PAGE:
By Chloe Miller
Students in Lisa Poliski’s AP U.S. Government and Politics classes had planned on holding a voter registration drive for their peers of voting age. During the 2016 election, 18-29 year olds had the lowest voter turnout at only 46.1 percent, meaning that less than half of young adults of age voted in the major presidential election. The classes aimed to target this age group and help increase the voter participation of young adults. Originally planned to occur in the last week of March, the voter drive had to be canceled after schools closed on March 13. Although you may not be able to register to vote in school, you can still do it easily from home.
In order to vote, students must be a Pennsylvania resident and American citizen for 30 days prior to the next election, and 18 by the day of the election one is planning to vote in. Students can register either online at PA Voter Services, or they can register by mail through the application that is mailed out to all non-registered eligible voters. To verify one’s identity, he/she must provide a driver’s license or Social Security number.
Currently, Joe Biden is the only Democratic nominee for the primary, and President Donald Trump is the single Republican nominee. While the primaries seem locked in, Governor Tom Wolf has pushed Pennsylvania’s primary election back to June 2. Wolf’s decision came in hopes that more people would register to vote by mail. Wolf also intended to give election officials the proper time to prepare during this unprecedented time. Additionally, there are proposals in Congress to allow early voting, and potentially registration on Election Day, though these proposals have yet to be passed.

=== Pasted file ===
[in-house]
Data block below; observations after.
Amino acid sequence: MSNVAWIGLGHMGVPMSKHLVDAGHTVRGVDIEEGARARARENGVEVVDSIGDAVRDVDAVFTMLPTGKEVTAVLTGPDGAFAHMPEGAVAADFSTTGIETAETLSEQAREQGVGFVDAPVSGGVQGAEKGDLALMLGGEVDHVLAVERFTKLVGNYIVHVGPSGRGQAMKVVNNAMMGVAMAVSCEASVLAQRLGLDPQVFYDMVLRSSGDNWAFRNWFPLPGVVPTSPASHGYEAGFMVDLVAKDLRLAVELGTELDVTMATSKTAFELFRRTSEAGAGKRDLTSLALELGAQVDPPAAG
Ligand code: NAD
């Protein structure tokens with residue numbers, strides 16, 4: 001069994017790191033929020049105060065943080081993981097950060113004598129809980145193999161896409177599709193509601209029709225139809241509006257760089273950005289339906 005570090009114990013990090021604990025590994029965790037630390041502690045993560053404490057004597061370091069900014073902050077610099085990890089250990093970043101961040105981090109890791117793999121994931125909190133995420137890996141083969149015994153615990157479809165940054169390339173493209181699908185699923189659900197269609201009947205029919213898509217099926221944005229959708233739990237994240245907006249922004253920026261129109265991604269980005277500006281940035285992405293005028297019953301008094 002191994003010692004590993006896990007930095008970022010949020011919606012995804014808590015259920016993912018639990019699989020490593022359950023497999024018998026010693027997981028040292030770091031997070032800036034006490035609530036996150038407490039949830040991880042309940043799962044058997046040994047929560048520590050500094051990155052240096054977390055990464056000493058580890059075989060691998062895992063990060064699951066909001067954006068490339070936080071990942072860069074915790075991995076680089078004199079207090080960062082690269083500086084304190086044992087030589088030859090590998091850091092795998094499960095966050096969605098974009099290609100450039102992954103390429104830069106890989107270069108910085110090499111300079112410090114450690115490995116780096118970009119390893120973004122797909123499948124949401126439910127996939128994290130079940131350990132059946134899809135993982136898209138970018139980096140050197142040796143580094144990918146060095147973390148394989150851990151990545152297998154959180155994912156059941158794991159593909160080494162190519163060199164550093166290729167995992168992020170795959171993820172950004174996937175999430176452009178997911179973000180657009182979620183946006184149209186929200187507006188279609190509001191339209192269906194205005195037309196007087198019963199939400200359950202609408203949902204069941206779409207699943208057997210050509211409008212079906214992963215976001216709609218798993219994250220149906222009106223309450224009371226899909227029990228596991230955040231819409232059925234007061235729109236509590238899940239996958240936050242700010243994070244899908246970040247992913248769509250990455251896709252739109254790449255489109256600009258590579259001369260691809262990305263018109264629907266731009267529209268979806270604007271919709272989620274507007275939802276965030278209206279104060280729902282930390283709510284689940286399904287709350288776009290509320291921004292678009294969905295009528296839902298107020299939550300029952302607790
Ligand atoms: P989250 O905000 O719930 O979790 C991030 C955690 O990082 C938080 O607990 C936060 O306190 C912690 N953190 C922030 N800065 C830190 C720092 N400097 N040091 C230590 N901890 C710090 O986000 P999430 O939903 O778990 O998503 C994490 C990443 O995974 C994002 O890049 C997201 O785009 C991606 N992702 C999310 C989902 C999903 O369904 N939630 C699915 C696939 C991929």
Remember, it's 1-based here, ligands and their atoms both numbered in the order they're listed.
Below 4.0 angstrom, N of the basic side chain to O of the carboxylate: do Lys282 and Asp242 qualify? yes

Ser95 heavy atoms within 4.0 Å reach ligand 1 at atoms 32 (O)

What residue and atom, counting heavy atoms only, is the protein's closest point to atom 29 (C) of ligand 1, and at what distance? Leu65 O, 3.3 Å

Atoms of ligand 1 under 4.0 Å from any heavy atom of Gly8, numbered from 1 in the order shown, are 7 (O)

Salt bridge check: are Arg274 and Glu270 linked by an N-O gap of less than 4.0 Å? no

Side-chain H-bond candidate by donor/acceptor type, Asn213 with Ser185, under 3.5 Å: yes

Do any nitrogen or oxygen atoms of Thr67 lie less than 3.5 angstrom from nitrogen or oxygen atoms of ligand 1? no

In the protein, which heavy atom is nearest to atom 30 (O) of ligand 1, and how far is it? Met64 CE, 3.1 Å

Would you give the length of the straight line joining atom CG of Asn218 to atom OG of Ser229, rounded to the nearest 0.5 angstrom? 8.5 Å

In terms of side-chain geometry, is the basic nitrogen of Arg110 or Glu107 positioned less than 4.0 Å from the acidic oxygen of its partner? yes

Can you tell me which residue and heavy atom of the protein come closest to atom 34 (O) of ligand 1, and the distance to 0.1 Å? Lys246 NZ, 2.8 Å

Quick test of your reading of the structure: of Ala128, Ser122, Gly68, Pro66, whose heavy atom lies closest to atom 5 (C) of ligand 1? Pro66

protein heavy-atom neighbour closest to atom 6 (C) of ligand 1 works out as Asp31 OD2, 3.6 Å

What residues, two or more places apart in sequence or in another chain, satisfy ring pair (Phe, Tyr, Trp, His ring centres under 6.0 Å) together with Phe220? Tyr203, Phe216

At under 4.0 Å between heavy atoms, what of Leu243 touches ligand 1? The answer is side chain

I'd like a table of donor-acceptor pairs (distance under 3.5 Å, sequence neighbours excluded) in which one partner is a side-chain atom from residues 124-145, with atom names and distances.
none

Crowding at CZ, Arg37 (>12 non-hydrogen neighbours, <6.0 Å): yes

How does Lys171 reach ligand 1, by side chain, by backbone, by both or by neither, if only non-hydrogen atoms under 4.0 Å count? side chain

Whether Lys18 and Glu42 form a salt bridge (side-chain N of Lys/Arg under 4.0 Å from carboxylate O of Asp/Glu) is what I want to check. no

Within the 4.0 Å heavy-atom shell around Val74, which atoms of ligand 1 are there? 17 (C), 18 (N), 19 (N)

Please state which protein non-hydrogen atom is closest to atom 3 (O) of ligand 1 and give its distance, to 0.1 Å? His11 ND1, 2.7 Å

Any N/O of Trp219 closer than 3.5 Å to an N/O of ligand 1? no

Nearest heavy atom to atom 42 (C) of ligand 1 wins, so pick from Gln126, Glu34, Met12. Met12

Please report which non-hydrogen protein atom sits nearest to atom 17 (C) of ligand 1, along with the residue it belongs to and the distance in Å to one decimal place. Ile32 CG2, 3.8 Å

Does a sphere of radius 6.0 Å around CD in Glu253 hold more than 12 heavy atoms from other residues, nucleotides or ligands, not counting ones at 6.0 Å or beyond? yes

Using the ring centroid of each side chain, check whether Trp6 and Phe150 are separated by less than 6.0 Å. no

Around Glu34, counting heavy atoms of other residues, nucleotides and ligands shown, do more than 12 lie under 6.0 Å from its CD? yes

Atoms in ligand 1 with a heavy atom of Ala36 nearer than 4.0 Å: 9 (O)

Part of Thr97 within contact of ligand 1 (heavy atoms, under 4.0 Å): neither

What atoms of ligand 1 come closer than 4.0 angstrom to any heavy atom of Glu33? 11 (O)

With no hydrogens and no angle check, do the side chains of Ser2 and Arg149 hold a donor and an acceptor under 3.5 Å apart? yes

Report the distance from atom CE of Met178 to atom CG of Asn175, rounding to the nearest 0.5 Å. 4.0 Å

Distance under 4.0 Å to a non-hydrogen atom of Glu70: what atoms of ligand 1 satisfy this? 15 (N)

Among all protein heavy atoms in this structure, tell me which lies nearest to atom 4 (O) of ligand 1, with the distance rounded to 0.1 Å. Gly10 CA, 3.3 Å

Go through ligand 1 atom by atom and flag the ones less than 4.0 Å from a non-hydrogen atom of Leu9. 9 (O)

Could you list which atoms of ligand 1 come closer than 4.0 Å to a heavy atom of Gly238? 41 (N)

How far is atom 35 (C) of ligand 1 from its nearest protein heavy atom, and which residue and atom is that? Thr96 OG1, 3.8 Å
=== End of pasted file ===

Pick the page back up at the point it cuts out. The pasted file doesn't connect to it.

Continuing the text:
As for voting in the primary elections on June 2, one must register to vote by May 18 to be eligible. If using a mail in or absentee ballot, the deadline to sign up is May 26, and the ballot itself is due at 8 p.m. on Election Day. Polls will be open on June 2 from 7 a.m. to 8 p.m, voters with absentee ballots must observe the June 2 deadline to send in their vote.
While students may be unable to register to vote at school, the process at home has been simplified and extended to ensure that U.S. citizens are given equal opportunities to exercise their right to vote.